August 10, 2014
A Meditation on a Conversation My wife and I had opportunity for a morning’s conversation with Archimandrite Zacharias of St. John’s Monastery in Essex during our recent trip to England. The conversation ranged from the general to the private. One segment has been a constant meditation for me since that morning. It concerned comfort.
Fr. Zacharias noted that God “wants to comfort us.” The Father: Blessed be the God and Father of our Lord Jesus Christ, the Father of mercies and God of all comfort, (2Co 1:3 NKJV) The Son is Himself the Comforter, the Spirit being “another Comforter” (Jn. 14:6).
This dynamic goes to the heart of repentance, which in many ways is the root of our true existence (so far removed from a legal and moralistic understanding). For it is when our hearts are broken and do not run away or hide that we can call on God to comfort us. And He does.
That comfort is the gift of His own life within us, a sharing of His own joy and love. The hardness of our hearts creates walls and obstacles that refuse to be comforted. In our suffering and pain we enclose ourselves and the ego anxiously seeks to escape (which is the source of most of our sin).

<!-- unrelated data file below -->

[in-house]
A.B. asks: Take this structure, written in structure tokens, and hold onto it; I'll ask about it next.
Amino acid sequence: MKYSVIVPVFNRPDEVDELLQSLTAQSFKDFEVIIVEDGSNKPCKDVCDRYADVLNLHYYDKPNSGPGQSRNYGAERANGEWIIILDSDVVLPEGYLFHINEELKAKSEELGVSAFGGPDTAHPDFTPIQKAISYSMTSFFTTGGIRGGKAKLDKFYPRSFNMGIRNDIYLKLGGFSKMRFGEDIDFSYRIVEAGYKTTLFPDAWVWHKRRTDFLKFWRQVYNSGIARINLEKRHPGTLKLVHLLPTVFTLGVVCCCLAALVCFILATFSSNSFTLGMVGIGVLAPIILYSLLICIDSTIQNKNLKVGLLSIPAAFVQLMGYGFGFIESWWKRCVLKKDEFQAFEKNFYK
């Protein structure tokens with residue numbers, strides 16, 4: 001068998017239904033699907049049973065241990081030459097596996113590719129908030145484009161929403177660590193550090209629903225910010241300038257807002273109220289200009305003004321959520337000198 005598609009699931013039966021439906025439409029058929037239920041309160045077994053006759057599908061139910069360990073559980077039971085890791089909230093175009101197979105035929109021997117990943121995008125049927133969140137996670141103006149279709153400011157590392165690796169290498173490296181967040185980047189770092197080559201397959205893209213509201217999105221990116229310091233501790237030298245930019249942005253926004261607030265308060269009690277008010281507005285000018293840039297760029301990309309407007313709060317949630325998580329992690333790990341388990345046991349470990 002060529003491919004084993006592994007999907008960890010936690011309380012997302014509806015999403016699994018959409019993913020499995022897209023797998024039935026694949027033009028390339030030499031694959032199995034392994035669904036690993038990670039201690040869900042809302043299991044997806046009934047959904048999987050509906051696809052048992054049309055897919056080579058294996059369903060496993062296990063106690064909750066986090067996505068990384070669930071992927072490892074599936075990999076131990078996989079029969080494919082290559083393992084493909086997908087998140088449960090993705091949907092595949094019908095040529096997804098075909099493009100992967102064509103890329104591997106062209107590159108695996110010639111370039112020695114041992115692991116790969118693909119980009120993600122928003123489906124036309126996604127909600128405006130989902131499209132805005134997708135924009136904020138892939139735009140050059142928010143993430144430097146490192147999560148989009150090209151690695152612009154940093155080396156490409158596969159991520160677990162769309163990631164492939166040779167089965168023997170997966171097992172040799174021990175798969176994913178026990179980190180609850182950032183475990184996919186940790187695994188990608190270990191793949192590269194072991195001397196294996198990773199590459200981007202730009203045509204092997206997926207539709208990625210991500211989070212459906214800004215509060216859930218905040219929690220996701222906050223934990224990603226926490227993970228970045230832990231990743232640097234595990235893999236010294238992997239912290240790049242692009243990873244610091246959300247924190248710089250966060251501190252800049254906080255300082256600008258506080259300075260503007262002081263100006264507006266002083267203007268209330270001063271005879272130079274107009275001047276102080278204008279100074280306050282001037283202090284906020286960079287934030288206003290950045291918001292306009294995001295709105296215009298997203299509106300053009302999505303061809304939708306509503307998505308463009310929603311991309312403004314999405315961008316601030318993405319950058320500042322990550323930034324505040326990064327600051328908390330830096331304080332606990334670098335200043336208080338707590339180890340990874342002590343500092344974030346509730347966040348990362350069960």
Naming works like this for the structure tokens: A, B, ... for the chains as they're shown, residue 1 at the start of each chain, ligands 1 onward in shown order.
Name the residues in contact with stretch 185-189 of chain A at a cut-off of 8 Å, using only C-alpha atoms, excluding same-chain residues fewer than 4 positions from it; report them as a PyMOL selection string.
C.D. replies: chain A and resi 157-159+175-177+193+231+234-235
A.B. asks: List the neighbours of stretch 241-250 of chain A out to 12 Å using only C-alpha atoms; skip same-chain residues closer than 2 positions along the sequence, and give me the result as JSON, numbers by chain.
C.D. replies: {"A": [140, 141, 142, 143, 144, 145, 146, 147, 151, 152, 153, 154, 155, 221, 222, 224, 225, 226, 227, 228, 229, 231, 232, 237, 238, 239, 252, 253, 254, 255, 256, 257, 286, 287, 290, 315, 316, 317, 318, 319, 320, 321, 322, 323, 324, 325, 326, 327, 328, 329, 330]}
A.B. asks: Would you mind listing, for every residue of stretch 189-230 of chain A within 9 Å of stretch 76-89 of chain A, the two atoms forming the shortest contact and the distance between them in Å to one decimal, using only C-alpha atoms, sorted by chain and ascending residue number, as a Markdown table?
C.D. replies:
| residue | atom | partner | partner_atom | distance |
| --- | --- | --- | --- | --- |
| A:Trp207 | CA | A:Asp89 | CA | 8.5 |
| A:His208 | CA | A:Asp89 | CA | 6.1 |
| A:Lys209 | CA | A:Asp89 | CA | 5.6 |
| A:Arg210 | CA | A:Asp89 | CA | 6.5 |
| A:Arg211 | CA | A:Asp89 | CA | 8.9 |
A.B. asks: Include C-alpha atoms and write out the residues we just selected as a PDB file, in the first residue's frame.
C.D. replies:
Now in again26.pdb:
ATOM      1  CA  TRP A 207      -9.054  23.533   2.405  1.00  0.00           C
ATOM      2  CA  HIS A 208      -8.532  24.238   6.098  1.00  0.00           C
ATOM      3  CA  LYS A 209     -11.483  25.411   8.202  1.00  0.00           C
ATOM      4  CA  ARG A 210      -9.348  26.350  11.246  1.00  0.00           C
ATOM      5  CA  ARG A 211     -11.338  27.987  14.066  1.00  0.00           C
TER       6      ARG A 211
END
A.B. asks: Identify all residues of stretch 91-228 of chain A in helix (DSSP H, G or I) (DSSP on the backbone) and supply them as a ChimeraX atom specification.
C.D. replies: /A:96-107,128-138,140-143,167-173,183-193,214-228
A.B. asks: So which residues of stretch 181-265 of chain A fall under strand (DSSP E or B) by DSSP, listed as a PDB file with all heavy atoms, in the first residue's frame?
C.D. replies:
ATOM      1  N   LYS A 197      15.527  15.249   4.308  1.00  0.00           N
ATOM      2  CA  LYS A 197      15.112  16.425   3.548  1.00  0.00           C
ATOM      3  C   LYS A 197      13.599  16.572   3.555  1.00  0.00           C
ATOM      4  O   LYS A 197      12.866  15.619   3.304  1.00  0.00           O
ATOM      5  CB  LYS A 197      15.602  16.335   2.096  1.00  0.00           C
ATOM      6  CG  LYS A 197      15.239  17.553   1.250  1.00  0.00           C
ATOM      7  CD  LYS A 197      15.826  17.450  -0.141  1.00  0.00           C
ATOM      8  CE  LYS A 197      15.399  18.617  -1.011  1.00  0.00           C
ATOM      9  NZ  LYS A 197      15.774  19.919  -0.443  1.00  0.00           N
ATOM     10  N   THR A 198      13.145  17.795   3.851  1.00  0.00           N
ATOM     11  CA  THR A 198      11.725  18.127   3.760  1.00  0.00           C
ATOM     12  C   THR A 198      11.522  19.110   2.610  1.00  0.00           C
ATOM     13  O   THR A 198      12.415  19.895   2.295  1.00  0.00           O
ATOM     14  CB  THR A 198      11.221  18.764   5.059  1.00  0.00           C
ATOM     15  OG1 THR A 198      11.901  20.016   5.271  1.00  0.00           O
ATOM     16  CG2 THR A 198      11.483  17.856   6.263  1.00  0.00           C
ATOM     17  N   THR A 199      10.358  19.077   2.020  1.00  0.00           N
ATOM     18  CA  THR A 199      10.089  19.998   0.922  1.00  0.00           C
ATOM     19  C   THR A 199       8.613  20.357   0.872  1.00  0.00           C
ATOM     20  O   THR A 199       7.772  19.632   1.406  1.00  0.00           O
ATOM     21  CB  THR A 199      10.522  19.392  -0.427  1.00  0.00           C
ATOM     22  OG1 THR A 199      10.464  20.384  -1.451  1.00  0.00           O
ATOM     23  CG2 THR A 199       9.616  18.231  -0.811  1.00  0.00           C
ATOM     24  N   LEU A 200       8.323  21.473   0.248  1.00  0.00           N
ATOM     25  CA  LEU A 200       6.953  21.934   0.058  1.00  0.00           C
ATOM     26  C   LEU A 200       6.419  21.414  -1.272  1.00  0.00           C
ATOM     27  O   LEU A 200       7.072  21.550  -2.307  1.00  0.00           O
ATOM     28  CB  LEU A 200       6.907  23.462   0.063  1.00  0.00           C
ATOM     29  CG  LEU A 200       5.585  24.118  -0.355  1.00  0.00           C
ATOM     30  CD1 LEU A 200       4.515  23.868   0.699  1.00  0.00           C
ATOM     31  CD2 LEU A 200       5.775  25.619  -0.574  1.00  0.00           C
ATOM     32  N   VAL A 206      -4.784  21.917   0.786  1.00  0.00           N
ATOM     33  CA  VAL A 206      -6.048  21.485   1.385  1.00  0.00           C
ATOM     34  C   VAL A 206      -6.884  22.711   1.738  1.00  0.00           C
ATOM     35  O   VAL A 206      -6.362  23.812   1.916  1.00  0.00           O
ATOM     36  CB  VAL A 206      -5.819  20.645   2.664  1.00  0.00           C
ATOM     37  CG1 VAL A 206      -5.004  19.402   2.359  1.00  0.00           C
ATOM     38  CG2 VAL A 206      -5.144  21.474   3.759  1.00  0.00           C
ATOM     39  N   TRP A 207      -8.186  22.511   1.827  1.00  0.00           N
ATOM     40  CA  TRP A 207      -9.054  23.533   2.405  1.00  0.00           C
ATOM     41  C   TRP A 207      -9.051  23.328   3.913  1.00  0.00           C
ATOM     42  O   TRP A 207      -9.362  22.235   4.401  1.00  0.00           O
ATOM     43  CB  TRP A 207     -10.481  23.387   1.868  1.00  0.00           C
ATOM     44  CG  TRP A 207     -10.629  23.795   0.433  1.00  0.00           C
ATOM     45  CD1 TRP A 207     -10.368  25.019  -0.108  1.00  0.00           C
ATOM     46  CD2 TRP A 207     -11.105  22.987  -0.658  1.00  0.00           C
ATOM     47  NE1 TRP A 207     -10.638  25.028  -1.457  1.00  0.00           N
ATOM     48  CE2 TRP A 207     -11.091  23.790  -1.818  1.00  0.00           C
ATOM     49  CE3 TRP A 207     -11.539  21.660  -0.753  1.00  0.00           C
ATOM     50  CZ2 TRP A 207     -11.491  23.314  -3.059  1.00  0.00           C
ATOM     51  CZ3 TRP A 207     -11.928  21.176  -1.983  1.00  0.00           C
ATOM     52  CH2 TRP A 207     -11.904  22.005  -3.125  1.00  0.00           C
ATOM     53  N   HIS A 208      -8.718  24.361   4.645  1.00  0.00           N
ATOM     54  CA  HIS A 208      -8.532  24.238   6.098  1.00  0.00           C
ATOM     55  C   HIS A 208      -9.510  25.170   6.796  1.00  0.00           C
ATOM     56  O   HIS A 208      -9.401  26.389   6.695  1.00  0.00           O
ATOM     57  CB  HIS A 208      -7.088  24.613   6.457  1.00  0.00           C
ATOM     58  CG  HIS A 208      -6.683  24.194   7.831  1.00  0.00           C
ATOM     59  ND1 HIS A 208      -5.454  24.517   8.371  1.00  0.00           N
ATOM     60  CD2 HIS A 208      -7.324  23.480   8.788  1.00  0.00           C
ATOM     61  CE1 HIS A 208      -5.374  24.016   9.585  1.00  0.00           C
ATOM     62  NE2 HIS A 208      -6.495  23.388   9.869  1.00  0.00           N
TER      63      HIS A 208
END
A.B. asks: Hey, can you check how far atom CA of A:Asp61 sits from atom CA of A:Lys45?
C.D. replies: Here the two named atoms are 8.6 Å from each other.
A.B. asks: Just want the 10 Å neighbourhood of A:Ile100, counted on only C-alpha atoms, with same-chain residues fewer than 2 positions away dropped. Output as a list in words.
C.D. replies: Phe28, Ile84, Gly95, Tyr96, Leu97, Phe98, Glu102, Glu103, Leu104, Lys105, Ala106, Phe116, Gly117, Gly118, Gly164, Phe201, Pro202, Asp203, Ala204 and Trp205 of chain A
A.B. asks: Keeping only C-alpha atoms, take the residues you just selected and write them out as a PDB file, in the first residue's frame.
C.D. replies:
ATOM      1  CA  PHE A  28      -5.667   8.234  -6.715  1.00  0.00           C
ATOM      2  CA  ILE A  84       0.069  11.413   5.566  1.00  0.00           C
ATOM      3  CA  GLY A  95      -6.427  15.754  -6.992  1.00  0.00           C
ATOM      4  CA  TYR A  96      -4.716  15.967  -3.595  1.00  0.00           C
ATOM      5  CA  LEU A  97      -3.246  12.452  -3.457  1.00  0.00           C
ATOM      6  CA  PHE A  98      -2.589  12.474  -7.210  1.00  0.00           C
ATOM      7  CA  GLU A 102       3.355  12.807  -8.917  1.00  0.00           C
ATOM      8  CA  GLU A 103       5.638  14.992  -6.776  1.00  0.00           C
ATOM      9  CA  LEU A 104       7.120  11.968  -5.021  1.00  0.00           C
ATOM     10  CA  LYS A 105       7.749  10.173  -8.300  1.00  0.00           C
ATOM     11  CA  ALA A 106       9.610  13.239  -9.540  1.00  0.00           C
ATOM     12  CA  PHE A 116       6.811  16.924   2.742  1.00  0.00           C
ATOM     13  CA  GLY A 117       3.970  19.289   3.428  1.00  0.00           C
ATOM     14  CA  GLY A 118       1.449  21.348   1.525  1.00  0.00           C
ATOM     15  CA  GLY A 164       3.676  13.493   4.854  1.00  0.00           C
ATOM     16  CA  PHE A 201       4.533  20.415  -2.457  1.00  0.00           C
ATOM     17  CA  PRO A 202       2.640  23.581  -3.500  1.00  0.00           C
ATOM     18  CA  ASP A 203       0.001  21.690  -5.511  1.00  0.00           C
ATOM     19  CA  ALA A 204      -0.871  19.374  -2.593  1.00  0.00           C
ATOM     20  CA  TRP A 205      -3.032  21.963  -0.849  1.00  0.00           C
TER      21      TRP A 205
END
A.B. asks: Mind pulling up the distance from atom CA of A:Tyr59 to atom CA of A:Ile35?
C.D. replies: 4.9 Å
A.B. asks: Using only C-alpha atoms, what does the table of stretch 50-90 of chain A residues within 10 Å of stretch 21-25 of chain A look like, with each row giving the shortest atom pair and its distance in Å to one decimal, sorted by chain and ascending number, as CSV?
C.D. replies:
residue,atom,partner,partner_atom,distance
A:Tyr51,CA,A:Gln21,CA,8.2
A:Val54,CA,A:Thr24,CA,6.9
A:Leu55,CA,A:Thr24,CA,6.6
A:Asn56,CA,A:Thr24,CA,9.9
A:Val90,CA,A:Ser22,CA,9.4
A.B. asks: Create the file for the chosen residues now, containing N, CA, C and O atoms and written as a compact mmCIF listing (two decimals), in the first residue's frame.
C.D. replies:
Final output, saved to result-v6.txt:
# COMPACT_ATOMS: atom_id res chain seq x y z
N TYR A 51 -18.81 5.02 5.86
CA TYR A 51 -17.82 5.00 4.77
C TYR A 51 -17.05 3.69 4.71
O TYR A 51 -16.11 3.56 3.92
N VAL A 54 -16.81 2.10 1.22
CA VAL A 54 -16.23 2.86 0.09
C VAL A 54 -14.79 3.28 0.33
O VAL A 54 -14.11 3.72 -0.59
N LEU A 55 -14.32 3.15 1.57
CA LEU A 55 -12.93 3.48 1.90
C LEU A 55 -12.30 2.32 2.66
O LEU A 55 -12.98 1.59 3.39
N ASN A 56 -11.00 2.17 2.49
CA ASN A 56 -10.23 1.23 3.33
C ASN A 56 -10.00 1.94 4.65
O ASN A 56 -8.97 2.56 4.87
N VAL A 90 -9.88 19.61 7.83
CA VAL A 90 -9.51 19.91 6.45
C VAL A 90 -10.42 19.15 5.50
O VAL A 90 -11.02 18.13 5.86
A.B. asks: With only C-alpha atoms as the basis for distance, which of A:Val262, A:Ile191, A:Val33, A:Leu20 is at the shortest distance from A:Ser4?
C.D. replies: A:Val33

The Fathers wrote about the cycle of pain and pleasure that dominates us and creates the distorted passions within us. The seeking of pleasure brings pain from which we run towards pleasure only to find more pain and the cycle continues. And so the Scriptures tell us that a “broken and contrite heart God will not despise” (Psalm 51). But we flee from a broken and contrite heart, refusing the suffering. Fr. Zacharias said that instead of turning aside from this suffering, we should remain in that brokenness and call out to God to comfort us. I have had opportunity (as do we all) to practice this since the conversation. All that he said is true.
Blessed be the God and Father of our Lord Jesus Christ, the Father of mercies and God of all comfort, who comforts us in all our tribulation, that we may be able to comfort those who are in any trouble, with the comfort with which we ourselves are comforted by God. For as the sufferings of Christ abound in us, so our consolation also abounds through Christ. Now if we are afflicted, it is for your consolation and salvation, which is effective for enduring the same sufferings which we also suffer. Or if we are comforted, it is for your consolation and salvation. And our hope for you is steadfast, because we know that as you are partakers of the sufferings, so also you will partake of the consolation. (2Co 1:3-7 NKJV)
May God comfort you!
Fr. Stephen Freeman